2016 February – Director’s Blog – Pulses!


by Susan Brumby.

When I read it was the International Year of the Pulse, I immediately thought of measuring heart rates. Having a pulse and keeping it pulsing is particularly important for rural and remote populations where sadly the number of deaths from heart disease is higher than in urban populations. If Australians living in rural and remote areas had the same death rates as urban Australians, there would have been 3,632 fewer deaths due to coronary heart disease in rural areas in 2009-2011.[1] Confronting? I’m thinking of three towns with populations of around 1000 people — Coleraine, Wee Waa and Keith — gone.

The further you live from a metropolitan centre, the greater your risk of hospitalisation and death from cardiovascular disease. Therefore, the greater the need is, to care about your heart. If you were going to purchase a pump to replace your heart, this is what you would need to ask your pump dealer:

“I want a light weight pump (280 – 340 grams) that can pump 11,500 litres per day through 80 – 100,000 kilometres of pipe, run 24 hours a day, 7 days a week for 80—90 years and pump around 4.1 mega litres per year. I can’t bring it in to be serviced”.

So if you want your heart pump to do this:

  1. Know your numbers – this includes blood pressure, cholesterol, glucose and waist measurements.
  2. Know your family history – heart disease risk is heritable so knowing what your family has suffered or died from is important.
  3. Know how to perform CPR
  4. Act early and seek help with chest pain. Research has found that the further you live away from a health service the longer you wait at home[2]. Exactly the opposite of what you must do to increase your chance of living.
  5. Exercise regularly, eat a diet that meets the new Australian guidelines[3] and that includes eating pulses!
  6. Know your ambulance and hospital numbers.
  7. Be an advocate to make healthy choices the easy choice and have access to health services that understand our risk. If transferred to a large hospital make sure they know that you are returning to a rural area and connect with local services for support.

Anyway, back to the International Year of the Pulse (IYP)[4] as declared by the 68th United Nations General Assembly. It is actually about promoting and eating more pulses (lentils, chickpeas, beans and peas). Two new systematic reviews of more than 3000 papers demonstrate the health benefits of eating one serving or more of pulses daily.[5],[6]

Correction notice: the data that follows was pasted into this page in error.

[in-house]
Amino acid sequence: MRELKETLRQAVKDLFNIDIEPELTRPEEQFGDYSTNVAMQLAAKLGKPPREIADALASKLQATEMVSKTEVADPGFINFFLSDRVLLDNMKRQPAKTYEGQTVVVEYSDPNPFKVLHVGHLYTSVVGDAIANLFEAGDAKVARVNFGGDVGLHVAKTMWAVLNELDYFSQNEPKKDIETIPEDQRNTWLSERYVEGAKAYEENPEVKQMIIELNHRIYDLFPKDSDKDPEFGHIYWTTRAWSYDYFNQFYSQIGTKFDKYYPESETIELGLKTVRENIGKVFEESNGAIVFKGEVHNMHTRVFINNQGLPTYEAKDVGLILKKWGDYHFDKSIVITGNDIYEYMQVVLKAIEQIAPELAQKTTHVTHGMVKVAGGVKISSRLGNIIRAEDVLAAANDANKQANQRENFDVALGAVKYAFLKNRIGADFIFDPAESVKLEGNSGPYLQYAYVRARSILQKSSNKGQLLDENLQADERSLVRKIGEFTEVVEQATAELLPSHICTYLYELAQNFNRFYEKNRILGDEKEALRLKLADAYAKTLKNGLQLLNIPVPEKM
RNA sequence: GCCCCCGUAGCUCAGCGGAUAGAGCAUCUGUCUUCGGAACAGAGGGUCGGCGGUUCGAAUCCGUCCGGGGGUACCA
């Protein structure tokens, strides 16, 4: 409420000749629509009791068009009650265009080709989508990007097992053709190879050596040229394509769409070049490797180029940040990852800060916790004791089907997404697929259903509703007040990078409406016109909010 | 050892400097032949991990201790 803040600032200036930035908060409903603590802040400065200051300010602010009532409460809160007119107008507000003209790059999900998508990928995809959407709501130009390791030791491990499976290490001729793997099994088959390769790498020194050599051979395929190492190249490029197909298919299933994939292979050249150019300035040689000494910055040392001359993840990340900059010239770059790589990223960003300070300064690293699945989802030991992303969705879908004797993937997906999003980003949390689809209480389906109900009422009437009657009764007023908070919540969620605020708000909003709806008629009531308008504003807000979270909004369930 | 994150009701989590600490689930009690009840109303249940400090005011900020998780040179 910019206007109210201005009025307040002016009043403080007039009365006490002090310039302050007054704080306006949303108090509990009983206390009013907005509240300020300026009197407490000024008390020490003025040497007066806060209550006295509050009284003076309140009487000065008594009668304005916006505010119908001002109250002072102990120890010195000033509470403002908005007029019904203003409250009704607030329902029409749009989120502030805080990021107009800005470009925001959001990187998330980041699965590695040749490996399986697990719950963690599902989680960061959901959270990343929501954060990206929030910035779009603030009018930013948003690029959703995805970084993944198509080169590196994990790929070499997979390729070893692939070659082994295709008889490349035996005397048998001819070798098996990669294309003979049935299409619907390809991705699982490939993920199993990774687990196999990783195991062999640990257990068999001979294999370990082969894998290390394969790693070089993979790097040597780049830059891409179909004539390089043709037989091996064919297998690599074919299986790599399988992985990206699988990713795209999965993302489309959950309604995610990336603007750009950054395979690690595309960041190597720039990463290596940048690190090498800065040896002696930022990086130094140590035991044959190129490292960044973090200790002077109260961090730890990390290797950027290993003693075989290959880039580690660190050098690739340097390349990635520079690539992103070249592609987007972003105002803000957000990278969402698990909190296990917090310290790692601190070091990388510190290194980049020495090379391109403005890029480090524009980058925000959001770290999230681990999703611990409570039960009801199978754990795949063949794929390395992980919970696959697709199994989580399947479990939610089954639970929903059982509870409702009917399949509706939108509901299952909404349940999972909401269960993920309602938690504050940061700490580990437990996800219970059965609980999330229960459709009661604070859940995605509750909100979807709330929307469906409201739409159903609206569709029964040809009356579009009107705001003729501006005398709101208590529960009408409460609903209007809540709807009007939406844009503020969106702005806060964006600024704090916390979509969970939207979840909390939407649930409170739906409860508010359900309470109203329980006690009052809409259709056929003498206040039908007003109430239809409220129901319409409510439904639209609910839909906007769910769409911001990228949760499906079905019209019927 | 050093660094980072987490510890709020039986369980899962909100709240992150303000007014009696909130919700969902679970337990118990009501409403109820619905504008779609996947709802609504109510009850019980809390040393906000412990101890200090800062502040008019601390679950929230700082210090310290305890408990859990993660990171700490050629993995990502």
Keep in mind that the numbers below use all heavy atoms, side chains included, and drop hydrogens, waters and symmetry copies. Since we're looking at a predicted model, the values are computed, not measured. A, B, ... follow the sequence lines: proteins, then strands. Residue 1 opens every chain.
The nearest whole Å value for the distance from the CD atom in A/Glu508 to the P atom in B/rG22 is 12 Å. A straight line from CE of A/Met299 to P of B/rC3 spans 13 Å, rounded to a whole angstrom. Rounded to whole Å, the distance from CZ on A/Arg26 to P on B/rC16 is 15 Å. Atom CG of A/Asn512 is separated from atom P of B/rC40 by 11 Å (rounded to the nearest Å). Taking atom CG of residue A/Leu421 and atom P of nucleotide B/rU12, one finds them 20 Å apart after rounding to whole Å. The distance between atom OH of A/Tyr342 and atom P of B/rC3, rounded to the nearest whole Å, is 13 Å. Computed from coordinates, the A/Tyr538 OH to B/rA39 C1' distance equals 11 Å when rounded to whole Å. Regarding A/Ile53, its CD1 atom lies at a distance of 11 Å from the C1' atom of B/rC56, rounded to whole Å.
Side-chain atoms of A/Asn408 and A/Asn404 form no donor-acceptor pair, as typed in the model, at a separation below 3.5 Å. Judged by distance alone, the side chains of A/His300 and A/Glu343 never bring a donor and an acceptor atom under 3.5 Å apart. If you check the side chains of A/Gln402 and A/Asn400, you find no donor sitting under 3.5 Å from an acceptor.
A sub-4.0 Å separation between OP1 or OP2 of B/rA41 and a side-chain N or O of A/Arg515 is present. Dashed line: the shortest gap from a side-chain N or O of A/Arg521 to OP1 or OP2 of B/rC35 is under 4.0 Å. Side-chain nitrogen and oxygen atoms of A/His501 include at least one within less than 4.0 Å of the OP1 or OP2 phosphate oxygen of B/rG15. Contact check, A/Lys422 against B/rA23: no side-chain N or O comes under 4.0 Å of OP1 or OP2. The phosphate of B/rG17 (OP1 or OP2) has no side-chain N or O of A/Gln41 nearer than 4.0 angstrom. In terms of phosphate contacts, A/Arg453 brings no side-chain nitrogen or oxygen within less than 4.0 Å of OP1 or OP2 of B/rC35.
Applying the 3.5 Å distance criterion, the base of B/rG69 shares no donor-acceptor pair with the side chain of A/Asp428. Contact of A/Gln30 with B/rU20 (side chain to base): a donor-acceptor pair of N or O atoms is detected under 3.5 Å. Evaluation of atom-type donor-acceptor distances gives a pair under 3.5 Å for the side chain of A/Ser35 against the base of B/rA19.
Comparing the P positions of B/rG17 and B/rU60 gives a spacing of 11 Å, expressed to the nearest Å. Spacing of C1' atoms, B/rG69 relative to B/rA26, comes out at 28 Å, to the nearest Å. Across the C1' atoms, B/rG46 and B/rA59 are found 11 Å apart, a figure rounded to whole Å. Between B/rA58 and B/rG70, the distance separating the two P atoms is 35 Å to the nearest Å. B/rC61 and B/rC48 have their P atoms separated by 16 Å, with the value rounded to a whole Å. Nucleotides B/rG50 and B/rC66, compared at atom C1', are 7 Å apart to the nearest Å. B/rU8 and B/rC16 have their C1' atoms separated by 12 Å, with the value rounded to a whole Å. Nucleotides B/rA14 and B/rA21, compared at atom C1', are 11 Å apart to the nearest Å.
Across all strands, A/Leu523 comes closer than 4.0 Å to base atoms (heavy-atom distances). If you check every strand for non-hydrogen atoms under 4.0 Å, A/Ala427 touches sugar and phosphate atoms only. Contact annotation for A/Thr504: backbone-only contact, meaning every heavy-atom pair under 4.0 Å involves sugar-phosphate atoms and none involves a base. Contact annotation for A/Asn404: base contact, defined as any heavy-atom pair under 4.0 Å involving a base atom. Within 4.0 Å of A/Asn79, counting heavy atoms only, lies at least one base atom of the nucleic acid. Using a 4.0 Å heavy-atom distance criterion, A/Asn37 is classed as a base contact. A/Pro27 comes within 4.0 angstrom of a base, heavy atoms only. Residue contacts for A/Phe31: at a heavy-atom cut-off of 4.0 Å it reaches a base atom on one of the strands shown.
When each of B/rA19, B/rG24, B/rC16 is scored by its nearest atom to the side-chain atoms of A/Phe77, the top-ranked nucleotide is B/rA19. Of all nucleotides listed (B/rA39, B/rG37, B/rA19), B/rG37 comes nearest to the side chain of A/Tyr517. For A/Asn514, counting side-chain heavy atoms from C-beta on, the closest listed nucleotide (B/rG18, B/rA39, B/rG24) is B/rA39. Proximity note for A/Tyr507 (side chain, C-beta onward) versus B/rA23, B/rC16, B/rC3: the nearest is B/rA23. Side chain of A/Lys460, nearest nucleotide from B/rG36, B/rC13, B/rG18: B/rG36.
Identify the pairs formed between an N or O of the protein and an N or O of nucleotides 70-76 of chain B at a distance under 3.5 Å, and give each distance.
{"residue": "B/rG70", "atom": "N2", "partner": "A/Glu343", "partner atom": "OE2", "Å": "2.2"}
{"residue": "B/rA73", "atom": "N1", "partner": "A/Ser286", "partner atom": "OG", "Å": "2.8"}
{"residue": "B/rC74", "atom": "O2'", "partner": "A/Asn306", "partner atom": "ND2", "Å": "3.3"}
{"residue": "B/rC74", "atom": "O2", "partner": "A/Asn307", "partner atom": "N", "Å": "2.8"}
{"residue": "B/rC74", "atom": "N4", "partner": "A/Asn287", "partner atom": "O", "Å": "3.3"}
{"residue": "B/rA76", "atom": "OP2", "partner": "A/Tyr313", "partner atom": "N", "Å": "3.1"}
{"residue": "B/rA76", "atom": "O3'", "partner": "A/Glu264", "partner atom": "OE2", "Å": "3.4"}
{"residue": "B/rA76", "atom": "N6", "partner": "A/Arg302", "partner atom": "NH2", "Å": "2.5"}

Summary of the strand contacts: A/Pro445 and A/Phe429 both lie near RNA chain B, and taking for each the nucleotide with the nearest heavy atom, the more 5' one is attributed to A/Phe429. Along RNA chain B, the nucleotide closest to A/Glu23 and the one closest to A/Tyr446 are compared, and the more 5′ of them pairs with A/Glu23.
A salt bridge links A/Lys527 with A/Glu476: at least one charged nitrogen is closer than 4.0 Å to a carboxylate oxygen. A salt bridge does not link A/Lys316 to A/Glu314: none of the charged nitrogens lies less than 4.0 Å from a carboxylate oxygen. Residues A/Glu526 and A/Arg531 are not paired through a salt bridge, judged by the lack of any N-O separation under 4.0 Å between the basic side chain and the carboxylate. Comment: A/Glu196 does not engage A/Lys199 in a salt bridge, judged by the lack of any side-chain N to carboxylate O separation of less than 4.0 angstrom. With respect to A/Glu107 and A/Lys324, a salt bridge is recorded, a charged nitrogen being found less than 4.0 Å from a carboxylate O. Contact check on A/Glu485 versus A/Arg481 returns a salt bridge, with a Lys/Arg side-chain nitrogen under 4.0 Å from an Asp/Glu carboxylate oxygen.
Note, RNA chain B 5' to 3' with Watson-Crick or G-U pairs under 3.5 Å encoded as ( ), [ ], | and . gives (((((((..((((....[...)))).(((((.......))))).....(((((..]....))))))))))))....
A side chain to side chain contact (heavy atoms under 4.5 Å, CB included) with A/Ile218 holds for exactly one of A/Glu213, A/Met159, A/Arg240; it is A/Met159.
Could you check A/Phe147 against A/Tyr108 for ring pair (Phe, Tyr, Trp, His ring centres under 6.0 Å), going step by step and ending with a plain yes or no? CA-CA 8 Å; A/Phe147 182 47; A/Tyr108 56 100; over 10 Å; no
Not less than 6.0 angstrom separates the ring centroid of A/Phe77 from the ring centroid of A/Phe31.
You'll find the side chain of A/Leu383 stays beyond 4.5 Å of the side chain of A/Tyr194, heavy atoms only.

So, as it turns out, eating pulses may help your pulse.

We would love to hear your thoughts. Please feel free to leave a comment below, and if you have any questions we’ll get back to you.

Kind Regards,


Dr Susan Brumby
Director – The National Centre for Farmer Health
Clinical Associate Professor, Deakin University

The National Centre for Farmer Health can be contacted via email: ncfh@wdhs.net or phone: +61 (03) 5551 8533.
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[1] National Rural Health Alliance (2015) Cardiovascular Disease in Rural Australia accessed at http://ruralhealth.org.au/sites/default/files/publications/cardiovascular-disease-fact-sheet-may-2015.pdf

[2] Baker, T., S. McCoombe, et al (2011). “Chest pain in rural communities; balancing decisions and distance.” Emerg Med Australas 23(3): 337-345

[3] https://www.eatforhealth.gov.au/guidelines/australian-guide-healthy-eating

[4] Food and Agriculture Organisation, International Year of the Pulse (2016) accessed at http://www.fao.org/pulses-2016/en/

[5] Ha, V., J. L. Sievenpiper, et al (2014). “Effect of dietary pulse intake on established therapeutic lipid targets for cardiovascular risk reduction: a systematic review and meta-analysis of randomized controlled trials.” Canadian Medical Association Journal 186(8):

[6] Li, S. S., C. W. C. Kendall, et al (2014). “Dietary pulses, satiety and food intake: A systematic review and meta-analysis of acute feeding trials.” Obesity 22(8): 1773-1780.